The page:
Hat-tip to the Standard.
I live in downtown Toronto (Trinity-Spadina, if you're interested), but my official residence is at my parents' place in a suburb of Ottawa.
Consequently, my actual vote (Ottawa) doesn't affect me at a local level (Toronto). The advantage/disadvantage of this is that I really don't pay too much attention to the local races, but focus almost exclusively on the election at a national level.
In any case, my parents' riding (Carleton - Mississauga Mills) has gone almost exclusively PC/CA/Conservative (and will continue to do so), so there wouldn't be a heck of a lot of point in dwelling on it.
The downtown scene is a lot more interesting, however. In the last 2 elections, the Reform/PC/CA/Conservative candidates have really been non-entities in any discussions/debates that I've had with colleagues/friends/co-workers (most of which were under 30). In fact, even the local media seemed to ignore those candidates (well, except for the Sun). What I find to be very different about this campaign is the increased level of interest/support for the Conservatives. Don't get me wrong; I'm not saying they're going to sweep Toronto, but the more affluent areas (Eglinton/Lawrence, Don Valley West, for example) might be up for grabs.
I obviously can't authoritatively claim why this trend has occurred, but it seems to me that the following conclusions have been reached:
1) Liberals are behaving badly
2) They should not be rewarded with another election
3) Stephen Harper is not 'so bad'
Step 3 is what is different from the last election. People were generally unhappy with the Liberals before, but were freaked out by Harper. I think that the combination of a more 'relaxed' Harper and additional ordure from the Liberals has reached critical mass. I don't think that people will be that 'turned off' about voting Conservative this time around.
I still expect the Liberals to sweep downtown (with Jack Layton taking Toronto-Danforth), but if downtown Toronto can shift right (even slightly), then I wonder how pronounced this tendency will be across the rest of southern Ontario.
As an aside, my favourite riding to watch will be Toronto-Danforth, featuring Jack Layton and Deborah Coyne. You all know who Jack is, but Coyne is a star candidate that has been parachuted in. Should be entertaining......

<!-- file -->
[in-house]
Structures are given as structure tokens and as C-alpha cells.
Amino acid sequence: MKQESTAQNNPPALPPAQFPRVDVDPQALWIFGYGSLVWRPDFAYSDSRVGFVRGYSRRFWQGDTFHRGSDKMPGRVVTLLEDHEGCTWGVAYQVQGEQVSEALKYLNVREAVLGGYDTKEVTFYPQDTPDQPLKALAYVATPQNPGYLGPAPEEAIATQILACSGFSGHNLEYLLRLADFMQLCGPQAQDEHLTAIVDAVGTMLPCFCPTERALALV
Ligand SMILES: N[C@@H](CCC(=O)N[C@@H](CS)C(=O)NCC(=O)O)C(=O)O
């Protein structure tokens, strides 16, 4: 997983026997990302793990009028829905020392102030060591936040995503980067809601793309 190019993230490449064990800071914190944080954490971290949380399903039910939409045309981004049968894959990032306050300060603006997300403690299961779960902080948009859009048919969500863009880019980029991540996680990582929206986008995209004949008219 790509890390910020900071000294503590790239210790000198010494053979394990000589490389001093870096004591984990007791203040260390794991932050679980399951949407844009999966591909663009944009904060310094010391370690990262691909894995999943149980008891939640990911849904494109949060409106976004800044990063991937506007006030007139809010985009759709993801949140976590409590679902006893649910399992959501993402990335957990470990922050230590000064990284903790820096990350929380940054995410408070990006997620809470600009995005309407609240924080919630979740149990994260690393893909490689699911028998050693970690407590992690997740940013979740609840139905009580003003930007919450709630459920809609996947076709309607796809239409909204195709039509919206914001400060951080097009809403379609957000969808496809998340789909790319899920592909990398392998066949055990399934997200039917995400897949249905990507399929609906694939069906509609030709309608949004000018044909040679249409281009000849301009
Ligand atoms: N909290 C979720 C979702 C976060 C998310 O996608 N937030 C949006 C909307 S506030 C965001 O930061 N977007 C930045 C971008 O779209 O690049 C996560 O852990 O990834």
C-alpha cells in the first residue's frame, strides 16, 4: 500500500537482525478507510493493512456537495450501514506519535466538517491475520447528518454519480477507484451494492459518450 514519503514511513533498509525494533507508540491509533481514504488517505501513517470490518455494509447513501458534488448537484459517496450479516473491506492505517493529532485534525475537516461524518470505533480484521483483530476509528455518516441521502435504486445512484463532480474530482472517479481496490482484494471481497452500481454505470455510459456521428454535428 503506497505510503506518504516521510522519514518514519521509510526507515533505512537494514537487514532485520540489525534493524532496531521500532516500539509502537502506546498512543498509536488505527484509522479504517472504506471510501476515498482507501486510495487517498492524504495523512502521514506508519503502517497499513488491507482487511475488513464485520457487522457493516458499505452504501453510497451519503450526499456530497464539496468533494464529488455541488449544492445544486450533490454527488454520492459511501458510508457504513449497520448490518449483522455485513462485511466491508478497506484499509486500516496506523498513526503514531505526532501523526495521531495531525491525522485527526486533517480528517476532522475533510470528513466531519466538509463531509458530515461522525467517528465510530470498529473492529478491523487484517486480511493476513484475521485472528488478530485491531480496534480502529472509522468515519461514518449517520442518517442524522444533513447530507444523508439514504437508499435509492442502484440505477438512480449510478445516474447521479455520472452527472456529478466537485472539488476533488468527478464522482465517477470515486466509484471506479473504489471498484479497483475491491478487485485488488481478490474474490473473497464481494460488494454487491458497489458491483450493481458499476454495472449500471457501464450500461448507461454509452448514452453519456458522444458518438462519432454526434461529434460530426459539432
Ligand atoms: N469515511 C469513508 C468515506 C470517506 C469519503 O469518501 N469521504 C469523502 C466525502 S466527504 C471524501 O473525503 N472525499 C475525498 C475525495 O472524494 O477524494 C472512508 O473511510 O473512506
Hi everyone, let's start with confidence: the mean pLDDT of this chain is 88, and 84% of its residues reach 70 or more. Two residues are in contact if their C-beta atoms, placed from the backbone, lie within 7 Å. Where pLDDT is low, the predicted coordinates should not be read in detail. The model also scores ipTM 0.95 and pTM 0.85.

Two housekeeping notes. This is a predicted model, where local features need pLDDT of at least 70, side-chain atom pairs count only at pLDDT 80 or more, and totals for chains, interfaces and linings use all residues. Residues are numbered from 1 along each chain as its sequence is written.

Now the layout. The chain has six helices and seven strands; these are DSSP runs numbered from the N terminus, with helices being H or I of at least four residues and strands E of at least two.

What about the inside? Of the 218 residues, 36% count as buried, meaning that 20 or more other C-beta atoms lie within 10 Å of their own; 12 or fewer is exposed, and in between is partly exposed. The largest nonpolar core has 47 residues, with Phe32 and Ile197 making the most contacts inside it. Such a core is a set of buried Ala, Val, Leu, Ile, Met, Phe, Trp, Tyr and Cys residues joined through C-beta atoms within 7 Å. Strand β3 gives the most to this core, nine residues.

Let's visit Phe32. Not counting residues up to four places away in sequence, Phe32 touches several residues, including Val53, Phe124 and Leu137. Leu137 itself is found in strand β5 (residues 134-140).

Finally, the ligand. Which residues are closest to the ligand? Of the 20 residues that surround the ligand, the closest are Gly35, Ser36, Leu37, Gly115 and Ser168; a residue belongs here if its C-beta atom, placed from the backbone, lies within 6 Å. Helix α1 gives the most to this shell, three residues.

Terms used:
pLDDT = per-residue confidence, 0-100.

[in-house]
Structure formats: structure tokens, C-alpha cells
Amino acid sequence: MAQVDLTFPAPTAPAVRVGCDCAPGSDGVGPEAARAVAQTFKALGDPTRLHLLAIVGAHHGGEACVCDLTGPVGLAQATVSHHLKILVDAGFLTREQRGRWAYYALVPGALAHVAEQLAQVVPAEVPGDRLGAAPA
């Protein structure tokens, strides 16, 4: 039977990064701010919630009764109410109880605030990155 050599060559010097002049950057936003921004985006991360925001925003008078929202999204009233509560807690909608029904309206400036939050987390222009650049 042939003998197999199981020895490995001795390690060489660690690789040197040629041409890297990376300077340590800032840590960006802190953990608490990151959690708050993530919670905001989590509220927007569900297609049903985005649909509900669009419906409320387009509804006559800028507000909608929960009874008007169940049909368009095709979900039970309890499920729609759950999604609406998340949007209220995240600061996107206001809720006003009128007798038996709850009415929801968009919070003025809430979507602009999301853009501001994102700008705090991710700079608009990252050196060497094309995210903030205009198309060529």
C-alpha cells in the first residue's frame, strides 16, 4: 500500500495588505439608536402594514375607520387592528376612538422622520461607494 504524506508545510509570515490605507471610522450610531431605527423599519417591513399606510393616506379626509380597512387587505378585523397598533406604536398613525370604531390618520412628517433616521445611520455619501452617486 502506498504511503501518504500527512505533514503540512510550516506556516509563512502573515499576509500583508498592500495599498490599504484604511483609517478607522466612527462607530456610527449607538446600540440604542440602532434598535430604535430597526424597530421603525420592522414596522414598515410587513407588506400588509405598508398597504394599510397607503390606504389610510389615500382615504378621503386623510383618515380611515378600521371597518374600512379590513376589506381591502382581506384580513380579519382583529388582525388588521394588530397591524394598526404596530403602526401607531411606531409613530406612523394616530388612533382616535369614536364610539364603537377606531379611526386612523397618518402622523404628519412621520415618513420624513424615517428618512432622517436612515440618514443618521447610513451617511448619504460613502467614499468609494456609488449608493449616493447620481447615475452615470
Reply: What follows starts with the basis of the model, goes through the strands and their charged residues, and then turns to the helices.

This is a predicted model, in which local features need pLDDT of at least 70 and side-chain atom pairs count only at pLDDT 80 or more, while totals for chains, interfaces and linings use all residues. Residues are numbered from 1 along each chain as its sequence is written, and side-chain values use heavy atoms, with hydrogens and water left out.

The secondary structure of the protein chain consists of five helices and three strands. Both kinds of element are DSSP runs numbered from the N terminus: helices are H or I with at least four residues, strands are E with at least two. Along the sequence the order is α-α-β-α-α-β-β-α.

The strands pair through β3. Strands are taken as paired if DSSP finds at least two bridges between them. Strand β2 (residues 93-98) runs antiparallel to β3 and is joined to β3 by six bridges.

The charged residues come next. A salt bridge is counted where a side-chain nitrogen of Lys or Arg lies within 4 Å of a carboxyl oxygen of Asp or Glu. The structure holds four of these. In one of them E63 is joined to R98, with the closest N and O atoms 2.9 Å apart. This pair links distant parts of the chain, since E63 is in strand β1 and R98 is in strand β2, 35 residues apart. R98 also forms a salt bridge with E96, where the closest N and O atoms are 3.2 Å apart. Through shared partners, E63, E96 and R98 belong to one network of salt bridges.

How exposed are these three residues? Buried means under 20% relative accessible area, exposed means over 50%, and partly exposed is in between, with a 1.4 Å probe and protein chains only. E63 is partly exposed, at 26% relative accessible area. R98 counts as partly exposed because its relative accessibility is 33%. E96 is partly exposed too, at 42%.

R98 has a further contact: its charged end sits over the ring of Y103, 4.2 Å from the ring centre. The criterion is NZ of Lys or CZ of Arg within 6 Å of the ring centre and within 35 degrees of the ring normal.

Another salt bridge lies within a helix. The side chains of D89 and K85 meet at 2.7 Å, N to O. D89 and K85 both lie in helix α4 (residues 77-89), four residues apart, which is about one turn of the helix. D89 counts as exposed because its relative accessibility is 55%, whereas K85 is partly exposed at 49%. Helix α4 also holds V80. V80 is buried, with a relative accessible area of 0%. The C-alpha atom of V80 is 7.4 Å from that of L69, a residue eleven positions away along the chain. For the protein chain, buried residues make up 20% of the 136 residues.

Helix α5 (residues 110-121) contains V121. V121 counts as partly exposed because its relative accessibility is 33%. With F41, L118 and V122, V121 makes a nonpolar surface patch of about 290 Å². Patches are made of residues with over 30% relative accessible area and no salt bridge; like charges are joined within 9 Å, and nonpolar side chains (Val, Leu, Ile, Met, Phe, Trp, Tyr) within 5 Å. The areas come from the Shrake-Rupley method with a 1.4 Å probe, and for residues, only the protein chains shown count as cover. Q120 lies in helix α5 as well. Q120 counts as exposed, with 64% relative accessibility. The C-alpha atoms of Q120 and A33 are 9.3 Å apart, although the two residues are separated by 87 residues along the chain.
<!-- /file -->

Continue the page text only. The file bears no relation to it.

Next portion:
For the record, I voted Green last time and will likely vote NDP this time around.
I would really like to know - and my readers would too I'm sure - what a person living in Toronto thinks of Harper. How has the common perception changed if it has?
What are the reasons you want the Conservatives to win, etc?
As for why I want the Conservatives to win, it's pretty straightforward with me.
I believe that the Liberals *have* to lose. No two ways about it. Their corruption appears to be endemic, and the only way to change that is to toss them out. That being said, I hate the attitude of 'anybody is better than the Liberals'. That's just stupid. If that were the case, why bother voting?
Unlike the last election, I'm a lot more comfortable with the idea of a Conservative minority. I think that they've got a lot of fresh ideas to bring in, but their minority status would temper any stuff that I would deem 'crazy'. OK, crazy is too strong a word. I'm generally referring to policy that I consider to be religious-based (bear in mind that my religion is generally a lot more conservative than the Conservatives, so cut me some slack on this).
I also believe that if the Conservatives were to win a minority government, they wouldn't stray too far right, as the Liberals would be ready to call an election in about 18 months (after they picked a new leader and got him 'known'. God, I hope it isn't Ignatieff).
And if they might get a majority?
Would you vote liberal if you thought it would stop a conservative majority but maybe end up giving the liberals a minority?
Good point. I don't see the Conservates getting a majority, but if they do, I wouldn't have a huge problem with that (I'd still have a problem with it, but I'd still be happy with the election).
I'm not a huge fan of the Conservative policies, but I recognize that they're not crazy.
That being said, I really don't expect a majority from them. There will be too many 'strategic' voters to prevent that from occurring, particularly because if the Conservatives have such huge support a dozen days from the election. People will see that and change their minds (like we haven't seen that before....).
You can see the other Around Ontario posts here:
Around Ontario - Part 3 - '905' North
Around Ontario - Part 2 - '905' West
Around Ontario - Part 1 - An NDP view from Waterloo
"Prime Minister, you are now concentrating all your energy on attacking a core provision of the Charter of Rights. Your Conservative opponent finds himself defending that Charter, root and branch, from a Liberal leader waving an X-acto knife. How the hell did it come to this? Even principled conservative critics of the Charter have generally admitted that they have an uphill battle against the popularity of the document. Isn't there a characteristic smell telling you right now that your head is stuffed somewhere it shouldn't be?"
They end the ads with "We aren't making this up."
Where did the heck did they get that from?
Dave Barry's catchphrase?
George Bush last week?
I'm not making this up.
One thing worries me. The Best PM scores for Martin has increased which, being the nervous person I've become in this election, makes me think the Liberal ad barrage may have some chance of working in this province.
It's extremely important for Conservative supporters to keep doing what they have been doing. Support the candidates and the party.
As an aside, Mike Duffy went up in my books last night. The nerve of the Liberals to claim that the disgraceful ad wasn't released when my co-workers were looking at them yesterday afternoon is typical of the leadership of that party.